The bears are back in town.
With temperatures rising, Boulder County residents could see an increase in bear activity and have not yet had a few encounters this spring.
Colorado Parks and life interpreter Jason Clay aforementioned every year is different based on how harsh the winter months were, but aforementioned this is about the time of year when bears start to become more active.
“The food sources are becoming available, and that is what really drives it,” Clay aforementioned of bear activity.
Boulder County has not yet seen quite a bit of bear activity this month.
Among the sightings were a yearling that found its way up into a tree near Baseline Road and eighteenth Street on May 14.
“He was a pretty small bear still growing into his ears and in need of some serious calories,” aforementioned bear sitter Melanie Hill. “Before I got there, the bear had gotten into trash and one of the tenants was cleansing up the mess. Apparently the bin was broken, so I advised her to get the bin replaced immediately.”
Clay aforementioned with bears once once once again becoming active, people should get back into the habit of securing their trash and removing attractants so much as pet food or bird feeders.
“Once a bear is rewarded, they are very smart and they will remember your property,” Clay aforementioned. “They’ll always remember it, so you want to prevent that from occurring in the first place.”
But even without attractants, Clay aforementioned sometimes bears simply end up in colonized areas piece trying to make their way back to the foothills.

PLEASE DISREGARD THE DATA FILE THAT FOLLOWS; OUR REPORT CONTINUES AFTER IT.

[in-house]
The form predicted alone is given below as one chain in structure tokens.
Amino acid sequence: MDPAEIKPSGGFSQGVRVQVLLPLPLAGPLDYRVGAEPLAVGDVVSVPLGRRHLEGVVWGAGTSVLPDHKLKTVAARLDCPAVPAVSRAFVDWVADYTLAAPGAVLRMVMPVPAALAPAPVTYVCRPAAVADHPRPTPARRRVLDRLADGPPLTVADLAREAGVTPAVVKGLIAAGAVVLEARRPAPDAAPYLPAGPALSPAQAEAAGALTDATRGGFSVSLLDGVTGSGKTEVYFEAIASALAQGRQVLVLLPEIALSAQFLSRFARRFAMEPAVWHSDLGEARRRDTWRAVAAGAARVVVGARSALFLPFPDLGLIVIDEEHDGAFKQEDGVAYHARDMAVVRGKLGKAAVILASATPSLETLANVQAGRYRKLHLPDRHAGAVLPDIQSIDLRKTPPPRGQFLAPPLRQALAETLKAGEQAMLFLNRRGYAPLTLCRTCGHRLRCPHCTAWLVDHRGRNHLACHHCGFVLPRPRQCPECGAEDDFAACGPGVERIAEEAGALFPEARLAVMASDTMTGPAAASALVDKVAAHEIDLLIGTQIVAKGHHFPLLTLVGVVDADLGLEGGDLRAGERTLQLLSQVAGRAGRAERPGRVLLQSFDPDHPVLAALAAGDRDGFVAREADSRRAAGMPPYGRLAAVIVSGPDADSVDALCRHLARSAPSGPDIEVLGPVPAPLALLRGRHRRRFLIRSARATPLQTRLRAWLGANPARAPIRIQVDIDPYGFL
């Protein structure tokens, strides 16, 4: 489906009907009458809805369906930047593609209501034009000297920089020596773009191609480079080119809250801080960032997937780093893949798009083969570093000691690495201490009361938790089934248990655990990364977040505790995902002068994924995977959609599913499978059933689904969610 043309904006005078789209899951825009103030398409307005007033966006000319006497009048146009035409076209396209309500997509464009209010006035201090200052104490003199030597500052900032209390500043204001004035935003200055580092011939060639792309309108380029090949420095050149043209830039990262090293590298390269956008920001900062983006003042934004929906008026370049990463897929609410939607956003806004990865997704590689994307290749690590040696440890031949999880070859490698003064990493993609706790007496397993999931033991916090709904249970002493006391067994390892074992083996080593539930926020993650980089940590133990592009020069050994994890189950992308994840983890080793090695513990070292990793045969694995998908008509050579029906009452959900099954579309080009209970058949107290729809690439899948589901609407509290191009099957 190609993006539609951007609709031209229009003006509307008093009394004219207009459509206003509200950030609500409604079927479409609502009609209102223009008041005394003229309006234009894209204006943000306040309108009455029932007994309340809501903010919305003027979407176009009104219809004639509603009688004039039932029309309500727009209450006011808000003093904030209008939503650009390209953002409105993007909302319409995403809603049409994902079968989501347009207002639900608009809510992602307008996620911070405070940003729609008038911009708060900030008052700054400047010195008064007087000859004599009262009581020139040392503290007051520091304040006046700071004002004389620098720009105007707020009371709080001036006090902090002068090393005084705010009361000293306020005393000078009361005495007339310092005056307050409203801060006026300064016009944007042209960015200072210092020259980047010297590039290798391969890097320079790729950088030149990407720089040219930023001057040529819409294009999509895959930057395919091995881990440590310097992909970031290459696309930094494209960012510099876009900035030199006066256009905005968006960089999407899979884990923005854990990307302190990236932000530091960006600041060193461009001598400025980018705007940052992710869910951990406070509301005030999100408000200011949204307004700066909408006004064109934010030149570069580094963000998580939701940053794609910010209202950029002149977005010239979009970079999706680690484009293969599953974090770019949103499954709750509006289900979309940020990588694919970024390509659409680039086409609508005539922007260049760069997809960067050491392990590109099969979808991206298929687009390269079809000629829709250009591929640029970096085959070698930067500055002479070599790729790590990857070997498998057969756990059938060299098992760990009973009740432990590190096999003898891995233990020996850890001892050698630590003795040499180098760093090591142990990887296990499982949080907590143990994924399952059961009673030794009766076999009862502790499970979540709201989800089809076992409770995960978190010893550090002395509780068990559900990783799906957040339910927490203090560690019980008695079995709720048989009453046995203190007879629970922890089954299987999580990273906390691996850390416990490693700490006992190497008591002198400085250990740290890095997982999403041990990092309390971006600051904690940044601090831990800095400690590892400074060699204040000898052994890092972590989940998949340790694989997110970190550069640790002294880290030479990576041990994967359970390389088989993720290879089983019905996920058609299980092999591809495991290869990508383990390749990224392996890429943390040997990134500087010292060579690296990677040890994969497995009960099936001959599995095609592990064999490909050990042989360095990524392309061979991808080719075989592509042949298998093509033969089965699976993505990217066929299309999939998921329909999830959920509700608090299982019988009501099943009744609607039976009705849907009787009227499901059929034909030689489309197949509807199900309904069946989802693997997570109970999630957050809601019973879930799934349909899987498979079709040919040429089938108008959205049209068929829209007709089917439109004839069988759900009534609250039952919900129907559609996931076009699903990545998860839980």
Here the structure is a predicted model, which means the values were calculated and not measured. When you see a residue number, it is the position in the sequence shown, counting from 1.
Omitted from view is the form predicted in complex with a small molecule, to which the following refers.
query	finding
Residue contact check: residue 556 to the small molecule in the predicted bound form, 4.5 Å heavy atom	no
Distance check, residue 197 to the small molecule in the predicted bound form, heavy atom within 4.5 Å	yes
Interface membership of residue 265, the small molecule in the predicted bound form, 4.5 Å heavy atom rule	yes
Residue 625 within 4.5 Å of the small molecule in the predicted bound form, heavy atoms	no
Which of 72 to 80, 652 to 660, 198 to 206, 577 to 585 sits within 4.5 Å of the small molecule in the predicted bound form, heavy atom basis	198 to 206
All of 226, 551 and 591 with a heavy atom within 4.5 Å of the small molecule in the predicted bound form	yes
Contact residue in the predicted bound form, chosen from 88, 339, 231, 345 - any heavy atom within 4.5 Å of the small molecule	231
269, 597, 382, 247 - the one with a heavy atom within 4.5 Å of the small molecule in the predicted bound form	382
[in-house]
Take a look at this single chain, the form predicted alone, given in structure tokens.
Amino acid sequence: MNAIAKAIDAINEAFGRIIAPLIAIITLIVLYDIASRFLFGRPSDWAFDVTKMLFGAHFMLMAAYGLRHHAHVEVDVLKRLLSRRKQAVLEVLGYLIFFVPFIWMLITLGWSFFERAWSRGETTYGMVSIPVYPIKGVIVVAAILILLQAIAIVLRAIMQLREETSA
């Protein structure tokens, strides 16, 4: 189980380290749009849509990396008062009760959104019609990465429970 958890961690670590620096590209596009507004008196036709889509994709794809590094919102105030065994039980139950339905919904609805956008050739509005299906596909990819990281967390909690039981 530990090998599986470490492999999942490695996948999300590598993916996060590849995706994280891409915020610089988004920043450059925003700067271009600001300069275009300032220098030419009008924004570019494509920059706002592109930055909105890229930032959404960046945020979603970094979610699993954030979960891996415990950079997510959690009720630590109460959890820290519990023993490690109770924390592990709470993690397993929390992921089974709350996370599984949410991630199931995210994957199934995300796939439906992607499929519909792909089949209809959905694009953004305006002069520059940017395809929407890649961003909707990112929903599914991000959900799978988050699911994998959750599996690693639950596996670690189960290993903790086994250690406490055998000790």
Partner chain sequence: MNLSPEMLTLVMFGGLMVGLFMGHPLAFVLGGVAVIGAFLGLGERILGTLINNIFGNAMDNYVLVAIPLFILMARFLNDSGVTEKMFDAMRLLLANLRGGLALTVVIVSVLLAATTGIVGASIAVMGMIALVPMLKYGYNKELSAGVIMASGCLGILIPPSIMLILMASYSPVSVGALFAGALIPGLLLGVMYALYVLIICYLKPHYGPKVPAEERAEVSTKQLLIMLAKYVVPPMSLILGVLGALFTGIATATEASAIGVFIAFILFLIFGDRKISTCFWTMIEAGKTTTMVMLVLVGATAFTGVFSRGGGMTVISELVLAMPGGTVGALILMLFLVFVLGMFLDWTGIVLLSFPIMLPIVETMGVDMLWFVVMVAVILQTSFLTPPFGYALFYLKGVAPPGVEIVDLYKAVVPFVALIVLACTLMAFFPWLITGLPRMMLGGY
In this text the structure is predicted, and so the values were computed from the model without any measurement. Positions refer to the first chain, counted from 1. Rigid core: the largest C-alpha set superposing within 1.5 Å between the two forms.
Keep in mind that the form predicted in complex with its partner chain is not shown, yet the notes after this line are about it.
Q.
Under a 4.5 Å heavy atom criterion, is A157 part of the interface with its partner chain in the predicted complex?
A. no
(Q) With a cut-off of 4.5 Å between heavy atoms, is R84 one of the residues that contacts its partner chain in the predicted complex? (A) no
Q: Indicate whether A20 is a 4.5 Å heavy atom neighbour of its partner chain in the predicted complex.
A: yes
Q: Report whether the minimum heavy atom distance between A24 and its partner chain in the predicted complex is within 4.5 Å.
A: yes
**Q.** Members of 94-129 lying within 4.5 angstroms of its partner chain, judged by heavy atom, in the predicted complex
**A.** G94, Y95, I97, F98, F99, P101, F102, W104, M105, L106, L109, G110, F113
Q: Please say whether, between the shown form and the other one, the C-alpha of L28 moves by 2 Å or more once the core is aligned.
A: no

“If you see that, the best thing to do is give us a call and we will put bear sitters there making sure it doesn’t do anything,” Clay aforementioned.
Simply waiting for a bear to wander back into the foothills isn’t a big problem in Boulder, but it becomes trickier the farther into town the bear wanders. Mead saw some bear activity earlier this month, piece life officials had to relocate a bear found in Niwot.
Thanks to the folks in @niwotcolorado for alerting us about this bear in town Tuesday. We were able to prevent any conflicts (getting into trash, killing stock) & they helped us save this bear. We relocated it deep into the @usfsarp on a private road closed to public traffic. pic.twitter.com/5bGp5FgCrh
— CPW NE Region (@CPW_NE) May 15, 2019
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In the case of the Niwot bear, Clay aforementioned officials at bay it even though it did not get into any trash or kill any stock because of how far away it was from the foothills.
“It would have been really hard for that bear to move back west, and it would have led to it crossing more homes and possibly interacting with people,” Clay aforementioned. “That’s why we wanted to relocate that one.”
Clay aforementioned the best way for bears and world to coexist is for the bears to maintain a fear of world and colonized areas.
“We want to reinforce the bears’ natural fear of world and that this is not where they should be making a living,” Clay aforementioned. “We want them to go after their natural food resources.”